Roller-Coaster History For Early Blow Molder

The history of Borse Plastics Products, an extrusion blow molder founded in 1963, reads like that of many other trailblazers in this process.

The history of Borse Plastics Products, an extrusion blow molder founded in 1963, reads like that of many other trailblazers in this process. Borse was sold in 1984, repurchased by the same owners in 1989, and sold again in 1997. Today, it remains one of the main businesses of The Plastics Group, a private investment company. Borse is one example of why very few original names of blow molders remain from the 1950s and ’60s.


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A fast start

Borse was started in Lyons, Ill., by brothers Tony and Bob Borse, who originally made patterns for castings and molds. The brothers, who later moved to Willowbrook, Ill., got into blow molding of ornamental, seasonal, and holiday items in the late 1960s and later expanded into office furniture and parts for cars and heavy trucks. Sales climbed to $10 million by 1984 when Tony Borse decided to sell the company to Kuhlman Corp. in Troy, Mich., a specialist in electrical transformers.

Under Kuhlman, which at the time was expanding into blow molded fuel tanks, Borse did not thrive and its sales plummeted by half. Kuhlman sold the company back to Tony Borse in 1989 and the company underwent a major turnaround under new president and CEO Brian Beth. Borse rekindled its relationships with its old customer base in heavy truck parts, auto bumpers, and HVAC ducts and also expanded into parts made of ABS, polycarbonate, and PPO alloys. “We regained our reputation with highly engineered products and diversified our customer base,” says Beth.

Borse’s success translated into a huge revenue gain, topping $16 million annually by 1997. The company’s strong growth made it a target of investment companies, and Chicago-based private-equity firm Madison Capital Partners bought the company in 1997. Madison combined Borse with another processing company it owned, Pawnee Rotational Molding in Maple Plain, Minn., to create a new company called The Plastics Group. In 1998, two more operations joined the group—Wedco Molded Products, a blow molder and rotomolder in Boucherville, Que., and Fremont Plastics Products, an industrial blow molder in Fremont, Ohio. In 2000, Madison Capital sold the whole group to William Blair Capital, a Chicago investment banking firm. Last year, the group’s sales hit $100 million.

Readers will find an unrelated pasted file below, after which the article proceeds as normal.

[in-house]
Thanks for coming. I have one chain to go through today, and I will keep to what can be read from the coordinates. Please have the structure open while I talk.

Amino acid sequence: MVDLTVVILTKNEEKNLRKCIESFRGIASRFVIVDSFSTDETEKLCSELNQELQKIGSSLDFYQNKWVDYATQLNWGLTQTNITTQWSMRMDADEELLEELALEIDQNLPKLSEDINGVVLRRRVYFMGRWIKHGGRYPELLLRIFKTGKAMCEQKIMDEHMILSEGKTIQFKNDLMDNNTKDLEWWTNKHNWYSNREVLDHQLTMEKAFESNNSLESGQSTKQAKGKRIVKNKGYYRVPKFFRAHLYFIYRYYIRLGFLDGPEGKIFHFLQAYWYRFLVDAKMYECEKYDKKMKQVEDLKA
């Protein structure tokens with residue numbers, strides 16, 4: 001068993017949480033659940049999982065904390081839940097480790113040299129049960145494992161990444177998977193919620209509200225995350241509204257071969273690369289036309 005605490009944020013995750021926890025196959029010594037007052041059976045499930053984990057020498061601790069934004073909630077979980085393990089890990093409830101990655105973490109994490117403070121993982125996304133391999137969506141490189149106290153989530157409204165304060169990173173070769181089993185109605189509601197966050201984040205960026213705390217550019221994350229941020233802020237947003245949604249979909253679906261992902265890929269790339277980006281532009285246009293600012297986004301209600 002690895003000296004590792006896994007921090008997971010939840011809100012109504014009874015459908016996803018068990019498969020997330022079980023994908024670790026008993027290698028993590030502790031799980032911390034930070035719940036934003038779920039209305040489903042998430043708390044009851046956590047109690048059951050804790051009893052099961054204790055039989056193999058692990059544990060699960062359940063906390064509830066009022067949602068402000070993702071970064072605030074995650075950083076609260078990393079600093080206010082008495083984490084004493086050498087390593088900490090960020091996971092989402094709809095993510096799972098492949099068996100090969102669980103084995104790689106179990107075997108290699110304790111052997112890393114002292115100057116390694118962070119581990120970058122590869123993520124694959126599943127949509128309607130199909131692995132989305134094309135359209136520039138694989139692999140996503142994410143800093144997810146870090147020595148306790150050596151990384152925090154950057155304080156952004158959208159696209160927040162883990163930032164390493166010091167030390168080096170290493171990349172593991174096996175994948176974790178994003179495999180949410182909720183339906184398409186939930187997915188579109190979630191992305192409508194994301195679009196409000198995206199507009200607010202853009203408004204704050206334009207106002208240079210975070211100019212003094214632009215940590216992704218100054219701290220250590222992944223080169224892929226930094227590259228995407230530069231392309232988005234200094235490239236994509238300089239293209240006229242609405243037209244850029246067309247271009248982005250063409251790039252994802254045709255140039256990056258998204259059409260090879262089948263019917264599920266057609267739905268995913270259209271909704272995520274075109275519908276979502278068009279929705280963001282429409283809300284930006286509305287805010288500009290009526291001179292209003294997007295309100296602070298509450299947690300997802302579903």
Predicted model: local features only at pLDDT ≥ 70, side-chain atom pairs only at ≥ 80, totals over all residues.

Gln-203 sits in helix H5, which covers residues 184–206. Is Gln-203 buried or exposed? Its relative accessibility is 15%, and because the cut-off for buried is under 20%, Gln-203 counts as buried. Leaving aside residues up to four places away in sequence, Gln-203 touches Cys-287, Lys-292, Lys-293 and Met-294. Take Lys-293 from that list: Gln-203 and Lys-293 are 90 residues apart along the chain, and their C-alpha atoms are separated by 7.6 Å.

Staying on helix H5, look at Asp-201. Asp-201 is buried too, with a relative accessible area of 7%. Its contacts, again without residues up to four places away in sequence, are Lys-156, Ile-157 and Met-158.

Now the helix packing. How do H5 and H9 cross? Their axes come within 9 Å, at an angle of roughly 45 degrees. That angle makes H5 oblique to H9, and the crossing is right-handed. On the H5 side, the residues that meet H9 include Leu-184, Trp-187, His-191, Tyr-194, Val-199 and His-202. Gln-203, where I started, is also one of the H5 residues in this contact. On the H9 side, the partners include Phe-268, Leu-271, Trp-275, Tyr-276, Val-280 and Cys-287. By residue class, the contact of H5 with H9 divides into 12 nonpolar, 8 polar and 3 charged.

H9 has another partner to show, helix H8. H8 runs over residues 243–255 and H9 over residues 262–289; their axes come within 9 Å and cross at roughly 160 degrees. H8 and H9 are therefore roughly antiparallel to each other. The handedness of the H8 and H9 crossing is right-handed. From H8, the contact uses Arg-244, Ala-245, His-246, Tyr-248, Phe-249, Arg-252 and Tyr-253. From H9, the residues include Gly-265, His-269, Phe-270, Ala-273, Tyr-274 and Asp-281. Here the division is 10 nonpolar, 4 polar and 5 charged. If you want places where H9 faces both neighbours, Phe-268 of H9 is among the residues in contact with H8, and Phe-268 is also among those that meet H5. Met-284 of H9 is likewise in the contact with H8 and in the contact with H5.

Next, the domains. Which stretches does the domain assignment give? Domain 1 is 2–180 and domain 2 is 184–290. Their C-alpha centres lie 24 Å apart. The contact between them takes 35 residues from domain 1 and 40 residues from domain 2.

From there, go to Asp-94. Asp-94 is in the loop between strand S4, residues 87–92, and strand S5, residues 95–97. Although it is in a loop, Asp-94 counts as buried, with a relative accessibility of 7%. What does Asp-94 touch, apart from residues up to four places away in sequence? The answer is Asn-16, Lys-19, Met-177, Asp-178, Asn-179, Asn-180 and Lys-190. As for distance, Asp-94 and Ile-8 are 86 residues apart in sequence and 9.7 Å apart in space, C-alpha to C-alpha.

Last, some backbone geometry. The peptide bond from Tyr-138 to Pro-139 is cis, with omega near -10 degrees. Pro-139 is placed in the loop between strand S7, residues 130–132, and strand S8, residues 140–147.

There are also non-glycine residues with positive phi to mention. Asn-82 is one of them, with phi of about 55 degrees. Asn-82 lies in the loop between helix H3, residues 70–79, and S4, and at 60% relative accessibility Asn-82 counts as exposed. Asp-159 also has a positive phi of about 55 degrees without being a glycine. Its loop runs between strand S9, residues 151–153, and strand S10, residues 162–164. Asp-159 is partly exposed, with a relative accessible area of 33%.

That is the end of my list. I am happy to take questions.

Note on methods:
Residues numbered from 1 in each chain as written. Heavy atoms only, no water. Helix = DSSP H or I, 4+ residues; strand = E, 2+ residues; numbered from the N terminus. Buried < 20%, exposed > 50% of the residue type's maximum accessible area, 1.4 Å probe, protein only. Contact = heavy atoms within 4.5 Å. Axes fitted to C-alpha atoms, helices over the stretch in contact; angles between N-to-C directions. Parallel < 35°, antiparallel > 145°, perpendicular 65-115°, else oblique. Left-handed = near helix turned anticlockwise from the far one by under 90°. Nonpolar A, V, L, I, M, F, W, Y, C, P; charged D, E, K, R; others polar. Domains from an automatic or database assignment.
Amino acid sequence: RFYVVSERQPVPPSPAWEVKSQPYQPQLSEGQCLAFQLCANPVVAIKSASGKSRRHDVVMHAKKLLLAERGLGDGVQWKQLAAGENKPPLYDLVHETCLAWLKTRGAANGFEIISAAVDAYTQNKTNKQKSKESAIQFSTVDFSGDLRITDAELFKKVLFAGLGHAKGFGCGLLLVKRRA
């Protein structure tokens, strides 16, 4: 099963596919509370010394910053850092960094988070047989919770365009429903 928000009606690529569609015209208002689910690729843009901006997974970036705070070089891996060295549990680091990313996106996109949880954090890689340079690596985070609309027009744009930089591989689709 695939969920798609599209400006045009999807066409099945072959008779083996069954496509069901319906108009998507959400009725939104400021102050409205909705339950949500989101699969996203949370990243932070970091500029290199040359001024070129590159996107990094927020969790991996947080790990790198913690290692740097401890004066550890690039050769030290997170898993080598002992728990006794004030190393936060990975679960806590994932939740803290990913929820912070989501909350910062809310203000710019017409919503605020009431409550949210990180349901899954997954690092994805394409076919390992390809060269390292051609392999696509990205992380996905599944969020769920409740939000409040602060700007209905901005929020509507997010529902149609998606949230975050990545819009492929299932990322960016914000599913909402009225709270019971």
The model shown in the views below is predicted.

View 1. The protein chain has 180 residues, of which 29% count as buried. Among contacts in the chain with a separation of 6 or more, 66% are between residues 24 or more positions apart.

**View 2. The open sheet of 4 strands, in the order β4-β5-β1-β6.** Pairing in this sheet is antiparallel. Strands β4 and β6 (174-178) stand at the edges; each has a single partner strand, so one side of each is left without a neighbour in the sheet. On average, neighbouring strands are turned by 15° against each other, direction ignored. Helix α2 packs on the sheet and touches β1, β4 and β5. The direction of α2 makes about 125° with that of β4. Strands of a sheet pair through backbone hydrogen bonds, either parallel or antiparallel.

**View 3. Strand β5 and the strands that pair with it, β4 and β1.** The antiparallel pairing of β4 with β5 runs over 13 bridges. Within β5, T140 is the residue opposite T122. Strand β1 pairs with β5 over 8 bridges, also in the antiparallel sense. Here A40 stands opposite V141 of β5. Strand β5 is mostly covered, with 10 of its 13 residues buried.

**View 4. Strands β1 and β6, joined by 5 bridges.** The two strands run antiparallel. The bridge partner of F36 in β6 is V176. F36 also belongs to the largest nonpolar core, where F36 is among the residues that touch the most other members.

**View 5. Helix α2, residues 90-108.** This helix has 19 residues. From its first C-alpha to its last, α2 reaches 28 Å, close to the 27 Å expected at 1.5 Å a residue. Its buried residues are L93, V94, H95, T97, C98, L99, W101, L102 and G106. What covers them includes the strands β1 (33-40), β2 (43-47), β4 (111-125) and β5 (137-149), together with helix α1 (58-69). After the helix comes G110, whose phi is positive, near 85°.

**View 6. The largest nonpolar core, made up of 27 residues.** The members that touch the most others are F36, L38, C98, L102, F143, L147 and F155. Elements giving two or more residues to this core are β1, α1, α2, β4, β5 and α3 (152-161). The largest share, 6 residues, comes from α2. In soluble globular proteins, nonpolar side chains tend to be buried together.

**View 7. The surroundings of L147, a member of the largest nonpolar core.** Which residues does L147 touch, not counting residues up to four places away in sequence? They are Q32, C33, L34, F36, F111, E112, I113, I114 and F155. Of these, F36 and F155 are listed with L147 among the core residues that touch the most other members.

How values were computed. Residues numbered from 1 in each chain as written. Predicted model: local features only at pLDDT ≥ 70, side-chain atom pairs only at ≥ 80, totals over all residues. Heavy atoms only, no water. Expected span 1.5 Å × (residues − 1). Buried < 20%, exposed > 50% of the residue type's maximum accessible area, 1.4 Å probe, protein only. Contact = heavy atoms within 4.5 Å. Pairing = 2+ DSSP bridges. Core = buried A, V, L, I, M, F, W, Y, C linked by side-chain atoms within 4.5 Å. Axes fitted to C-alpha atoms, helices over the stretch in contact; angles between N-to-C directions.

Beth says that over the years Borse’s diversification and broad range of services made it stand out from the competition. The trends in the late 1980s and 1990s were toward “value-added services” and a “systems approach,” meaning that a company needed to bring more to the table than just ability to mold parts. Today, Borse provides broader services such as product design, sophisticated secondary operations, and direct order fulfillment. “In some cases today, molding is less than half of what we provide to a customer,” explains Beth.


Customers get more savvy

Another big change for Borse is today’s more sophisticated customer base, which is intensely cost-driven. “We’ve gone from serving entrepreneurs that brought us their napkin sketches to strictly Fortune 1000 companies with high-volume orders,” explains Beth. Today’s customers include the likes of GM’s Saturn Div., Rubbermaid’s Office Products Div., Freightliner, and Magna International. “With the quality systems and engineering services we provide, it’s hard to justify dealing with smaller companies.” Beth sees industry overcapacity driving more intense competition than ever before in Borse’s key markets, such as automotive and heavy trucks.

Except for new developments in controls and electronics, the blow molding process has not significantly changed since the early days, according to Beth. The company stayed ahead of the curve in technology, particularly in adopting engineering resins. Borse saw opportunities in large panels blow molded of PPO, PC, and ABS. It also leveraged its expertise in big machines with up to 50-lb accumulator heads.

Today, a more pressing challenge than in the past is attracting and retaining skilled workers. The firm makes significant investments in training, says Beth, and holding on to employees can be difficult. 

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